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58 of 60 people found the following review helpful
on April 17, 2012
One of my favorite lines in the book isn't from the author at all -- it's from his sister. When Kevin told his sister he wanted to be a Director, she told him "then be a Director." Kevin agreed and said he was going to study and take classes, etc. She interrupted him and said "No, just BE a Director." And from that day on he thought as a Director and saw the world as a Director and wrote as a Director. It's a great lesson: don't "wait" to be something or "plan" to be something -- just BE something.
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25 of 28 people found the following review helpful
on April 20, 2012
The infuriating thing about Kevin Smith is his determination to hide his intelligence and sensitivity behind a cloud of vulgar profanity and fart jokes. CLERKS and CHASING AMY were the films that prompted me to start writing screenplays and making my own short movies, and for years I held him up as an indie role model, although I lost a bit of faith when Smith squelched his unique voice and began churning out mainstream-ish comedies like COP OUT and ZACK & MIRI. Smith feels my pain -- he's apparently upset with himself, too. But in this new quasi-autobiography, Smith writes with great pinnace about his life, his creative output, his family, and his role models. The result is an absolutely charming book, bordering on inspirational. Smith is often hilarious, but he occasionally delves a bit too far into the gutter for my tastes. (I read far more about his attraction to his wife's a**hole than I ever wanted to know, for instance.) But I couldn't put this book down, and I am pleased to announce that my faith has been restored. Well-played, sir. Well-played.
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3 of 3 people found the following review helpful
on October 16, 2014
While much of the book isn't new to fans of Kevin Smith, I really enjoyed reading it. The over-all message is one of self-empowerment. Sure, it has all the profanity and vulgar humor you expect, but amid the F-bombs is a lot of heart. From the sentimental tribute to his late father to the encouragement he offers to anyone with a dream, this book has it all. I laughed, I cried, and I felt like it was a good friend giving me a pat on the back, and saying "Go for it." Smitty may not be Yoda, but he's got a damn good take on life. Trust me on this one, I lost my wife to Cancer last year, and I struggle daily to find motivation. Still I felt kind of pumped when I read this. Writing this review makes me want to read it again. If you aren't easily offended, this is a great read, and fans of Smith may not get a lot of new material, but they will enjoy it all the same.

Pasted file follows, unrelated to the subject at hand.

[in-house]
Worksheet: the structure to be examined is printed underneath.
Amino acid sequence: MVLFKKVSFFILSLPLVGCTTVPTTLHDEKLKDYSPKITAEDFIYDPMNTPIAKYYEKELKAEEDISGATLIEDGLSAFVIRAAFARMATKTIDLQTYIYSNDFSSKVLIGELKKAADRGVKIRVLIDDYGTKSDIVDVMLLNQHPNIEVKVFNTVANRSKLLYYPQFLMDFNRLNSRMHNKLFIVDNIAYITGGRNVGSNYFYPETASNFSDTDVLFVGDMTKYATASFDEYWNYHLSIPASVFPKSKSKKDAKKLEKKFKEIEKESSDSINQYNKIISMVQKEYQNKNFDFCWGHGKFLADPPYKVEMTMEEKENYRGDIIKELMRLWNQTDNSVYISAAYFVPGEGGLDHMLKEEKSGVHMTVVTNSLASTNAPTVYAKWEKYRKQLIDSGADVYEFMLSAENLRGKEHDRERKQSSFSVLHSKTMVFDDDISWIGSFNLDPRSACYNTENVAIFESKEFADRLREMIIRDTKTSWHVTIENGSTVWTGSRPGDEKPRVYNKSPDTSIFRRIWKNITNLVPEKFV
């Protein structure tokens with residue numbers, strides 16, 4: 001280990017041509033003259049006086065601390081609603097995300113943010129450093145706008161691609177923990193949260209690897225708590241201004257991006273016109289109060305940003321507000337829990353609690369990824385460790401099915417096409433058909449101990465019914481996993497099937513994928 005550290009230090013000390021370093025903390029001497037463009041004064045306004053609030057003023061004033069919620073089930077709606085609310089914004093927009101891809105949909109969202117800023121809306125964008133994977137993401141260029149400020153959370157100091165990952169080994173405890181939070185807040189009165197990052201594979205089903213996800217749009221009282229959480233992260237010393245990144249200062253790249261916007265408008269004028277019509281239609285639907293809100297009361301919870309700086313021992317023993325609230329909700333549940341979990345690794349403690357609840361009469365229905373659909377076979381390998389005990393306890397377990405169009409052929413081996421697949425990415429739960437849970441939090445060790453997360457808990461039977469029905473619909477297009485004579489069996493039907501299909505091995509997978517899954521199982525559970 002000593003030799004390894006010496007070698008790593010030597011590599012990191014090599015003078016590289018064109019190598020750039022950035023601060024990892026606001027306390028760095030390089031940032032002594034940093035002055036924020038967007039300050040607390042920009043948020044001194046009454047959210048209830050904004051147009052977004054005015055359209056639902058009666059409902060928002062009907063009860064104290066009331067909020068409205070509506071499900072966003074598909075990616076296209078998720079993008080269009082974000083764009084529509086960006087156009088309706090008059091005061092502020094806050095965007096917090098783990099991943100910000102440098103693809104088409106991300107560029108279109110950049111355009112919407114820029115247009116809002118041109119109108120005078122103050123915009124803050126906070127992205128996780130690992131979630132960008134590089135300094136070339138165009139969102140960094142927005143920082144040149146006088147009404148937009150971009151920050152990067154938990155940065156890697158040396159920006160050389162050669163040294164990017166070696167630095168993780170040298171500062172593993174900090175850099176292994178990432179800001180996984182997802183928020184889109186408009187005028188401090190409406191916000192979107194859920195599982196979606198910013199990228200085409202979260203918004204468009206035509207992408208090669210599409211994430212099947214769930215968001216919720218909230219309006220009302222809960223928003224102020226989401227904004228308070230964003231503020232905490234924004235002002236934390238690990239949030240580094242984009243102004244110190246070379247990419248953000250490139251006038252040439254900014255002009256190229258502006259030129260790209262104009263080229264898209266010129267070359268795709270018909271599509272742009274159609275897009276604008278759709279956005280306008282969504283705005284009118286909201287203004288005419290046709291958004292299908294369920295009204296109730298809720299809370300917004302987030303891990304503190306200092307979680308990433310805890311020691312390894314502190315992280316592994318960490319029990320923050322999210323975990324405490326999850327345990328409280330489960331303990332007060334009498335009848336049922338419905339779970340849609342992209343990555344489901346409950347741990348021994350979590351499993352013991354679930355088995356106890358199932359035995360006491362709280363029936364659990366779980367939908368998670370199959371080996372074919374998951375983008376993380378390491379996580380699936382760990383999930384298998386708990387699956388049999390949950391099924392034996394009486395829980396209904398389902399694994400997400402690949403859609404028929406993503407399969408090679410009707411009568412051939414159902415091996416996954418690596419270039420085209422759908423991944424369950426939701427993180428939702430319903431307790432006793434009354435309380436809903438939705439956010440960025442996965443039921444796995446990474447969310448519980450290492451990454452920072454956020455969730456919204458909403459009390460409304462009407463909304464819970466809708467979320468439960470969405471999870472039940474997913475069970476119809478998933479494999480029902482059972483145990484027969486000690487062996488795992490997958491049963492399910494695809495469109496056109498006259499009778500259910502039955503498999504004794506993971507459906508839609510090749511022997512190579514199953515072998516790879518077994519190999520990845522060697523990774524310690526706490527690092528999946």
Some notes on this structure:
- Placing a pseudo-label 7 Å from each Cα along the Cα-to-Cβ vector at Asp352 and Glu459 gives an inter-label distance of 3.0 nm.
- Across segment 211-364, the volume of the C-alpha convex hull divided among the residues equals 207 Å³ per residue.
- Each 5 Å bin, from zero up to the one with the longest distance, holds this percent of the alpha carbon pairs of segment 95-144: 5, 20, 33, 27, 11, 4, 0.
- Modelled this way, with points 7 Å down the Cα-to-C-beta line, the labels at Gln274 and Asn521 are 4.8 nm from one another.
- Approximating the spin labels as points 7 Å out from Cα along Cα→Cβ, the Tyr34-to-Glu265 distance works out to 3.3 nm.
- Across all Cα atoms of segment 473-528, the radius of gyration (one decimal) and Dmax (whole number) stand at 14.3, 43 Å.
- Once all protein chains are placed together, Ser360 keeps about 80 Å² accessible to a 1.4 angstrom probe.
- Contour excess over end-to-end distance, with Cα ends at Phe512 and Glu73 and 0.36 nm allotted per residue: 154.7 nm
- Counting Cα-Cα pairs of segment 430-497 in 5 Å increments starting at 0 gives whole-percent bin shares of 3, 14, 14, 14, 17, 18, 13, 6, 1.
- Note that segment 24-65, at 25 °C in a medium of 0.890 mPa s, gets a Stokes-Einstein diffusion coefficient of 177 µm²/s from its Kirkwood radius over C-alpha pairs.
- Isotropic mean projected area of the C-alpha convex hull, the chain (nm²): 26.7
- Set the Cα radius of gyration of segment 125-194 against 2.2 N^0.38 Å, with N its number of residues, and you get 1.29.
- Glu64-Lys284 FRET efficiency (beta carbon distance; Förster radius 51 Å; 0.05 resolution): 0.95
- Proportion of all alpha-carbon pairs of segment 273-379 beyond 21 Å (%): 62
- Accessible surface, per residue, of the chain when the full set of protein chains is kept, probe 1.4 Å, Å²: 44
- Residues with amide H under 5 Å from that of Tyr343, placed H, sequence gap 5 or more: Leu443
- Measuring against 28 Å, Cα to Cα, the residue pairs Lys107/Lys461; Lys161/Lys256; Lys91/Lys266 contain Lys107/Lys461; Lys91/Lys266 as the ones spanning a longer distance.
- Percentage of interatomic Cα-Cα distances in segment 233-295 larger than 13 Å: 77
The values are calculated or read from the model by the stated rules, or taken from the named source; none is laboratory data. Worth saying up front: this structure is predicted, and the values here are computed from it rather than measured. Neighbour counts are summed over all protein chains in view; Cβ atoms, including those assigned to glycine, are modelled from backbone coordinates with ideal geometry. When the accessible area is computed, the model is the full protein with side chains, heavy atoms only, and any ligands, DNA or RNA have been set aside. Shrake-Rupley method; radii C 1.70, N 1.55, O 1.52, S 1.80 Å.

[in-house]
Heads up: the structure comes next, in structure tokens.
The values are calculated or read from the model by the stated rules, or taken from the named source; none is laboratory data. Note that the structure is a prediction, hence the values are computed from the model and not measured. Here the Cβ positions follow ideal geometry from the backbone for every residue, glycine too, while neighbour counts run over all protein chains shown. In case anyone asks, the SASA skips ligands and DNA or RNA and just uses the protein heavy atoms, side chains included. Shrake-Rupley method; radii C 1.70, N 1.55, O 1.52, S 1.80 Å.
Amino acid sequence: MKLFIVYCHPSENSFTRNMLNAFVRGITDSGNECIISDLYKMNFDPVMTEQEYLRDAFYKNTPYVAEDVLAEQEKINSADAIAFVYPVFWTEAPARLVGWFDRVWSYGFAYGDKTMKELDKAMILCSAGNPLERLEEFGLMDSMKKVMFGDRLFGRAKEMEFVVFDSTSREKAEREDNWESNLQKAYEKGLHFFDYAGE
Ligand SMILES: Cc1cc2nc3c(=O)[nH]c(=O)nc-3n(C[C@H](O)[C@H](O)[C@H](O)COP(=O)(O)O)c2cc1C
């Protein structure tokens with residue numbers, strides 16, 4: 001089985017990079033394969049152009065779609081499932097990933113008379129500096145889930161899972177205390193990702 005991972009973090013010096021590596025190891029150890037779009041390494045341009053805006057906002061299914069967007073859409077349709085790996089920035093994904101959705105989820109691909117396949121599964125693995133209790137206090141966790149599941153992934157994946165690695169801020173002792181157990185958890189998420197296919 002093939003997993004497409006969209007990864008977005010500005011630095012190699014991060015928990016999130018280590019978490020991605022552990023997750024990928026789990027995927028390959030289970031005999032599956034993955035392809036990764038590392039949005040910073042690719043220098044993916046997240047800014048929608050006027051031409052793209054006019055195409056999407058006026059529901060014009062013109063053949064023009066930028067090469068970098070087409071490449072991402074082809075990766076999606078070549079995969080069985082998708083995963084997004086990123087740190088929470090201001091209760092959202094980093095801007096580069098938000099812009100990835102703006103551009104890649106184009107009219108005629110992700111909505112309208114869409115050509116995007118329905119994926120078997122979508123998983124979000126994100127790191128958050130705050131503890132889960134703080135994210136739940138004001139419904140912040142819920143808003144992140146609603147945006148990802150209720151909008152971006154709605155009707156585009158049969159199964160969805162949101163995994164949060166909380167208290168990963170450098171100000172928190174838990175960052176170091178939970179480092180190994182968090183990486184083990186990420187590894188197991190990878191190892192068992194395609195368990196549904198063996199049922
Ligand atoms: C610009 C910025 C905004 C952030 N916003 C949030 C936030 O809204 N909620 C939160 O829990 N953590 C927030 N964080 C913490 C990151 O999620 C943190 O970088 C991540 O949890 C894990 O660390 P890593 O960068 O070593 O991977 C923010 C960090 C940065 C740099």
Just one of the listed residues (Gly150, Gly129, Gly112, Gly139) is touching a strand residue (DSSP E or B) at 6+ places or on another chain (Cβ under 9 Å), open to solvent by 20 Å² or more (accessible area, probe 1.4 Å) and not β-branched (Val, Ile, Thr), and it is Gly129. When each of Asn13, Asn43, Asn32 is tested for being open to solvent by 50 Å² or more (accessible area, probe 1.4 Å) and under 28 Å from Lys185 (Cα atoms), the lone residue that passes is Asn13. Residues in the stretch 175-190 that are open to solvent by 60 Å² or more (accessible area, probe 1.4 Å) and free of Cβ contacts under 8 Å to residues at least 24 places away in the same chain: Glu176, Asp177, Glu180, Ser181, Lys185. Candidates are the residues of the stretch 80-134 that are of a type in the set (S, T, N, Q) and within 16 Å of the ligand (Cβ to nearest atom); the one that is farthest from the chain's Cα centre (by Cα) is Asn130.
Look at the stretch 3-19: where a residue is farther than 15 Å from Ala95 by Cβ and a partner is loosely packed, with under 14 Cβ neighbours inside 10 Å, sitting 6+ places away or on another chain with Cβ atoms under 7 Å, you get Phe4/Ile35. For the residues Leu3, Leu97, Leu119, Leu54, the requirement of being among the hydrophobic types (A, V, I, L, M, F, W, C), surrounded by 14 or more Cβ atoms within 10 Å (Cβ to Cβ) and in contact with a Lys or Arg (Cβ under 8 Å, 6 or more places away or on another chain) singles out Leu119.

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2 of 2 people found the following review helpful
on October 19, 2014
As a 33 yr old male, I'm firmly in Kevin Smith's target demo. I consider myself a fan, albeit not a very active one. I did enjoy his early Miramax films, but I'm not a frequent consumer of his "brand." That said, after reading and fully enjoying this book, I soon will be a more active SModcast listener.

To say that Mr. Kevin Smith has himself a way with words isn't doing him justice. You can tell this is a man who loves writing, and combing the truly clever with the sorta crude. He's a man who had to take control and pave his own way. He's rightfully genuinely happy with what he's accomplished, and has a lot of fun telling the story. Despite all this talent, Mr. Kevin Smith is still completely grounded and humble, and excited with sharing his experience and wisdom. The book is an always-interesting reflection on his life and career.
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2 of 2 people found the following review helpful
on March 30, 2015
Funny and insightful book from Kevin Smith. If you are already a fan of his movies or podcast you will love this book. I really enjoyed his stories of screening his movie Red State with Quentin Tarantino and Michael Parks, how Bruce Willis was not as fun as Kevin thought he would be to work with( Bruce's reputation for being a jerk to work with sure seems to be factual and not a myth) and how Seth Rogen turned him on to being productive while smoking weed. Entertaining,raunchy and inspirational book that is a quick and easy read.
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2 of 2 people found the following review helpful
on May 16, 2012
Kevin Smith's "Tough ****: Life Advice from a Fat, Lazy Slob Who Did Good" is a fun and enjoyable read that any comic geek or movie buff will love to read. Kevin talks about his life, his love of movies, how he became successful, and how he got to where he is today in and inspirational and fun way that tells readers to get a job doing things they love to do. Kevin Smith's down to Earth attitude will quickly rub off on you and make you want to make something after reading this book.
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2 of 2 people found the following review helpful
on September 4, 2013
...if you're not familiar with Kevin Smith. For the rest of us that listen to his podcasts, there's really nothing new here. Smith is notorious for revealing EVERY detail in his life, leaving an autobiography like this almost redundant. That said, his observations are free from pretense and entertaining. He clearly knows his place in the Hollywood star system, and makes no bones about it. His candor is refreshing.